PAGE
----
[Ab] Resumo:BACKGROUND: The increasingly common practice in high-income countries to delay childbearing to the fourth and fifth decades of life increases the risk of involuntary childlessness or having fewer children than desired. Older age also increases the risk of age-related infertility, the need for ART to conceive, and obstetric and neonatal complications. Existing research relating to childbearing focusses almost exclusively on women, and in public discourse declining fertility rates are often assumed to be the result of women delaying childbearing to pursue other life goals such as a career and travel. However, evidence suggests that the lack of a partner or a partner willing to commit to parenthood is the main reason for later childbearing. OBJECTIVE AND RATIONALE: To better understand men's contributions to childbearing decisions and outcomes, the literature pertaining to men's fertility-related knowledge, attitudes and behaviours was reviewed. SEARCH METHODS: The electronic databases of Medline, Embase and PsycINFO were searched to identify investigations of men's knowledge, attitudes and behaviours relating to fertility, infertility, reproductive health or childbearing using relevant fertility keyword search terms. Studies were included if they had investigated factors associated with men's fertility-related knowledge, attitudes and behaviours, had been conducted in a high-income country and were published in an English language peer-reviewed journal between January 2005 and August 2016. OUTCOMES: The search yielded 1349 citations. Of these, 47 papers representing 43 unique studies were included in the review. Where response rate was reported, it ranged between 13 and 94%. Studies varied in terms of research design; inclusion and exclusion criteria; recruitment strategies; adequacy of sample size; recruitment and retention rates and data collection tools. However, findings were consistent and indicate that men almost universally value parenthood, want and expect to become fathers, and aspire to have at least two children. Yet most men have inadequate knowledge about the limitations of female and male fertility and overestimate the chance of spontaneous and assisted conception. Perceptions of ideal circumstances in which to have children included being in a stable and loving relationship, having completed studies, secured a permanent job and a dependable income, having achieved personal maturity, and having a partner who desires children and is 'suitable' as a potential co-parent. Although all studies were conducted in high-income countries, between-country social and cultural differences may have influenced the findings relating to attitudes. WIDER IMPLICATIONS: Men aspire to parenthood as much as women do but have limited knowledge about the factors that influence fertility. The gap between ideal biological and ideal social age for having children appears to be widening, narrowing the time frame in which parenthood can be achieved. This may lead to unfulfilled parenthood aspirations. The findings can inform government policies and public education strategies aimed to support childbearing during the most fertile years, reduce the personal and societal cost of infertility and ART use, and allow people to fulfil their parenthood goals.
[Mh] Termos MeSH primário: Fertilidade
Conhecimentos, Atitudes e Prática em Saúde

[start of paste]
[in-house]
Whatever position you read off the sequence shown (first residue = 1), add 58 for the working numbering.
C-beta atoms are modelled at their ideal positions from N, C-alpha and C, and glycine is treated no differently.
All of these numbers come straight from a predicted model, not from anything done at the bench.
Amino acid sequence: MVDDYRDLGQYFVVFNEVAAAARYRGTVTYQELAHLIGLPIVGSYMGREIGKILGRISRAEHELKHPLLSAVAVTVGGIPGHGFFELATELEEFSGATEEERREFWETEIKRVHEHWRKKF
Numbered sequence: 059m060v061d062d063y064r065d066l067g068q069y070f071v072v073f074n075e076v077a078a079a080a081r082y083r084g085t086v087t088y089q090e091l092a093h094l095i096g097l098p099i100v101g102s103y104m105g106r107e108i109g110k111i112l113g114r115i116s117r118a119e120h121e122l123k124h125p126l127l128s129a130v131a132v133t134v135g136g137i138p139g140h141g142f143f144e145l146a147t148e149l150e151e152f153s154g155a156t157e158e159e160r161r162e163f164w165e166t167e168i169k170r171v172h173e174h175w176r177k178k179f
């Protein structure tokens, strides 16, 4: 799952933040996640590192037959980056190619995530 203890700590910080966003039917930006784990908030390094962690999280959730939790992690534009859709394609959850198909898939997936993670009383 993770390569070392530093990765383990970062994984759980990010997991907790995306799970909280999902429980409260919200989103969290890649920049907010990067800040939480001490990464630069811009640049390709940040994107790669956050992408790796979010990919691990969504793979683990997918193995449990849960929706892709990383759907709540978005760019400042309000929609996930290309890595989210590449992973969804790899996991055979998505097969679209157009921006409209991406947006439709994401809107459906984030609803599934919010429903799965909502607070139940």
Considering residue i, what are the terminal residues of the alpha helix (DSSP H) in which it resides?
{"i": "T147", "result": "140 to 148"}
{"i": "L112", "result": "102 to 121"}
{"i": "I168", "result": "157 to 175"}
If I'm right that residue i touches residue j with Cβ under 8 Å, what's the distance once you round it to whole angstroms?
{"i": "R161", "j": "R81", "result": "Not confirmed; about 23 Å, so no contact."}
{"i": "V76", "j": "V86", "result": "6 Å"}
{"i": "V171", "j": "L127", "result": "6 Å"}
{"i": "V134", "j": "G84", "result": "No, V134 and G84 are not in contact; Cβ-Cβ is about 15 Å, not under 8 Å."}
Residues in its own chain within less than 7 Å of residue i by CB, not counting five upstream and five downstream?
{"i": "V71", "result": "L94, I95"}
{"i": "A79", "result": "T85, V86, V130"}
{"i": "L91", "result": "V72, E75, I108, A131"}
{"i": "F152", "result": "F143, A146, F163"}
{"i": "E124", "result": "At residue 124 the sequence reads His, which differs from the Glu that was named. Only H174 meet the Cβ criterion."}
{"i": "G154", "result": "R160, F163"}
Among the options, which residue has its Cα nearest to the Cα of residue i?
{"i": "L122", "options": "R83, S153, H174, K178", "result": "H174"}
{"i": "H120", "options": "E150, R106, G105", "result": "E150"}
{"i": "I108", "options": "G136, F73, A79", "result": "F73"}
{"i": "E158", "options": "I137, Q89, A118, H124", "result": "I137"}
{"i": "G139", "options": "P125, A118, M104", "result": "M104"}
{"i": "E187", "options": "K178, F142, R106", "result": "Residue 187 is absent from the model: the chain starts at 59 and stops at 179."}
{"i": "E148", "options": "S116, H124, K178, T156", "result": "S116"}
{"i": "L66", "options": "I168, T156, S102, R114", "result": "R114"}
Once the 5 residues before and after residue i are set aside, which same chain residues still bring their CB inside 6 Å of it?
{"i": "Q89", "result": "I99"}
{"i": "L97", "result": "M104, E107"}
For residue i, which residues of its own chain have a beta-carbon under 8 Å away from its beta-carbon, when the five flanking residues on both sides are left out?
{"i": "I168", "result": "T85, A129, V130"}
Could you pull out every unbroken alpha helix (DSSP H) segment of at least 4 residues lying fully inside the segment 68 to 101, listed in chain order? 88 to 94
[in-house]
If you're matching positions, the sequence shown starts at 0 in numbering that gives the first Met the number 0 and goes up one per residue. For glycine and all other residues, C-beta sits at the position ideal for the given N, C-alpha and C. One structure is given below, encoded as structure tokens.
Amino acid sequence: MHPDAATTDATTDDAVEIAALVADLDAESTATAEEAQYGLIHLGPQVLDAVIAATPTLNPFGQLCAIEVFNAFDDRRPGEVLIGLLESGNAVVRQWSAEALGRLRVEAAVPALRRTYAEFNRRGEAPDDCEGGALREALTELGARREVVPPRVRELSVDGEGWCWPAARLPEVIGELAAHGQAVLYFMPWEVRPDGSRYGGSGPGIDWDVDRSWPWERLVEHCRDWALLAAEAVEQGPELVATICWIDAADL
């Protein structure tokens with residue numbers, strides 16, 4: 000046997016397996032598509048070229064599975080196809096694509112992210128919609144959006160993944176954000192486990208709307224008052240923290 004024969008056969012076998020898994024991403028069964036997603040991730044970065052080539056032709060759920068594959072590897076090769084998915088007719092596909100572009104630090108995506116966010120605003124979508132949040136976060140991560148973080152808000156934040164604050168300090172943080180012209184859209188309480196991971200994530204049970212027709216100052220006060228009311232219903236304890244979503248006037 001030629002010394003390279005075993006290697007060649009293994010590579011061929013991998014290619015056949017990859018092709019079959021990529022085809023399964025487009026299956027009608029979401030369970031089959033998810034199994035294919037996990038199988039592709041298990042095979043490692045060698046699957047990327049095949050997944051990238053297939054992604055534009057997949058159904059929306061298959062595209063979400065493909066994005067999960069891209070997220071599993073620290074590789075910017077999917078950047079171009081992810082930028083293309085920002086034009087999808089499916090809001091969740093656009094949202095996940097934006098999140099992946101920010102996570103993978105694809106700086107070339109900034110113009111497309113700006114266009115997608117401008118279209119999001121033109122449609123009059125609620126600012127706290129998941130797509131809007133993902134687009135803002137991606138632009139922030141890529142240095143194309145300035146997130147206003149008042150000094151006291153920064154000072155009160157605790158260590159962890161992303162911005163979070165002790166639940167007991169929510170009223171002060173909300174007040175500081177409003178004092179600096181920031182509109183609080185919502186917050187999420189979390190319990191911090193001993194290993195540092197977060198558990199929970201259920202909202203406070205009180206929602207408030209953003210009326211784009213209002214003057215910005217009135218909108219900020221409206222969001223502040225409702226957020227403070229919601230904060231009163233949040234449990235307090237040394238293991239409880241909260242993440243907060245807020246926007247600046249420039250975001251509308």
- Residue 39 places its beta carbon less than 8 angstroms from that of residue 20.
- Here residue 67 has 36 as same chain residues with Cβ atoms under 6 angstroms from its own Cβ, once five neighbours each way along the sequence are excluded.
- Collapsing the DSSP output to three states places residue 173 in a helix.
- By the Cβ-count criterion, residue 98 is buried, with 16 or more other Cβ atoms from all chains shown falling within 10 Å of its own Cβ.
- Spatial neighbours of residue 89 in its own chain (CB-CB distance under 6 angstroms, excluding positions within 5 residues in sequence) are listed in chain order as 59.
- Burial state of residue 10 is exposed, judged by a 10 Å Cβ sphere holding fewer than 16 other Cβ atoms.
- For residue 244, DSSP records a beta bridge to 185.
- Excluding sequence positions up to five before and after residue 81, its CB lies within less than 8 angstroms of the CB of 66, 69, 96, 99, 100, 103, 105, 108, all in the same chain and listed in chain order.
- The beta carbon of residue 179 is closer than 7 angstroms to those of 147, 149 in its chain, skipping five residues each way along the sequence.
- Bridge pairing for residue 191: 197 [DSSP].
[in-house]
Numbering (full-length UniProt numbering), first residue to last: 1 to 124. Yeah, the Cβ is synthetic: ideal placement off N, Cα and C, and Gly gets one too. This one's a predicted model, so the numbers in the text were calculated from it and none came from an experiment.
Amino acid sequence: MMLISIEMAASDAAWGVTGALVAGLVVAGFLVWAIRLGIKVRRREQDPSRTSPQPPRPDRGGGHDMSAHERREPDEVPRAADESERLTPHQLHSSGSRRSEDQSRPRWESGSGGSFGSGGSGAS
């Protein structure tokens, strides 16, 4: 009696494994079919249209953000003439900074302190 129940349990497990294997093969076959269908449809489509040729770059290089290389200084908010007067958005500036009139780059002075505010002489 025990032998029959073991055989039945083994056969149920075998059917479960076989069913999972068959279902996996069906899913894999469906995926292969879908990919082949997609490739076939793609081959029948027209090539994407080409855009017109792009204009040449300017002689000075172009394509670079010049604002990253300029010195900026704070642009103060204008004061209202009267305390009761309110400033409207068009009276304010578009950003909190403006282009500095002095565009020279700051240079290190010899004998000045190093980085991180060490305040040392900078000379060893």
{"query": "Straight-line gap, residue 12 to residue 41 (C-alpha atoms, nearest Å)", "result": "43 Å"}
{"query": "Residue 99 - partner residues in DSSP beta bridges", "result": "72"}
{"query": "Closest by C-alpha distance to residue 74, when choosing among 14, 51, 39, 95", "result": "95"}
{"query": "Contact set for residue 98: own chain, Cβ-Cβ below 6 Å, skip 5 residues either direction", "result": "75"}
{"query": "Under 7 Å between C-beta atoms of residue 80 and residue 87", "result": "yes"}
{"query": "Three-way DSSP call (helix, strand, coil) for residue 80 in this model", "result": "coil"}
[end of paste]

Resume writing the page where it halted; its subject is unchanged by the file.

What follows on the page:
Infertilidade/psicologia
Homens/psicologia
Comportamento Reprodutivo/psicologia
[Mh] Termos MeSH secundário: Tomada de Decisões
Feminino
Alfabetização em Saúde
Seres Humanos
Masculino
Pais/psicologia
Saúde Reprodutiva/educação
[Pt] Tipo de publicação:JOURNAL ARTICLE; REVIEW
[Em] Mês de entrada:1710
[Cu] Atualização por classe:171025
[Lr] Data última revisão:
171025
[Sb] Subgrupo de revista:IM
[Da] Data de entrada para processamento:170324
[St] Status:MEDLINE
[do] DOI:10.1093/humupd/dmx005


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[PMID]:28277747
[Au] Autor:Han C; Kandrik M; Hahn AC; Fisher CI; Feinberg DR; Holzleitner IJ; DeBruine LM; Jones BC
[Ad] Endereço:1 Institute of Neuroscience and Psychology, University of Glasgow, Glasgow, Scotland, UK.
[Ti] Título:Interrelationships Among Men's Threat Potential, Facial Dominance, and Vocal Dominance.
[So] Source:Evol Psychol;15(1):1474704917697332, 2017 Jan.
[Is] ISSN:1474-7049
[Cp] País de publicação:England
[La] Idioma:eng
[Ab] Resumo:The benefits of minimizing the costs of engaging in violent conflict are thought to have shaped adaptations for the rapid assessment of others' capacity to inflict physical harm. Although studies have suggested that men's faces and voices both contain information about their threat potential, one recent study suggested that men's faces are a more valid cue of their threat potential than their voices are. Consequently, the current study investigated the interrelationships among a composite measure of men's actual threat potential (derived from the measures of their upper-body strength, height, and weight) and composite measures of these men's perceived facial and vocal threat potential (derived from dominance, strength, and weight ratings of their faces and voices, respectively). Although men's perceived facial and vocal threat potential were positively correlated, men's actual threat potential was related to their perceived facial, but not vocal, threat potential. These results present new evidence that men's faces may be a more valid cue of these aspects of threat potential than their voices are.
[Mh] Termos MeSH primário: Face
Medo
Homens
Percepção Social
Voz
[Mh] Termos MeSH secundário: Adulto
Feminino
Seres Humanos
Masculino
[Pt] Tipo de publicação:JOURNAL ARTICLE
[Em] Mês de entrada:1706
[Cu] Atualização por classe:170630
[Lr] Data última revisão:
170630
[Sb] Subgrupo de revista:IM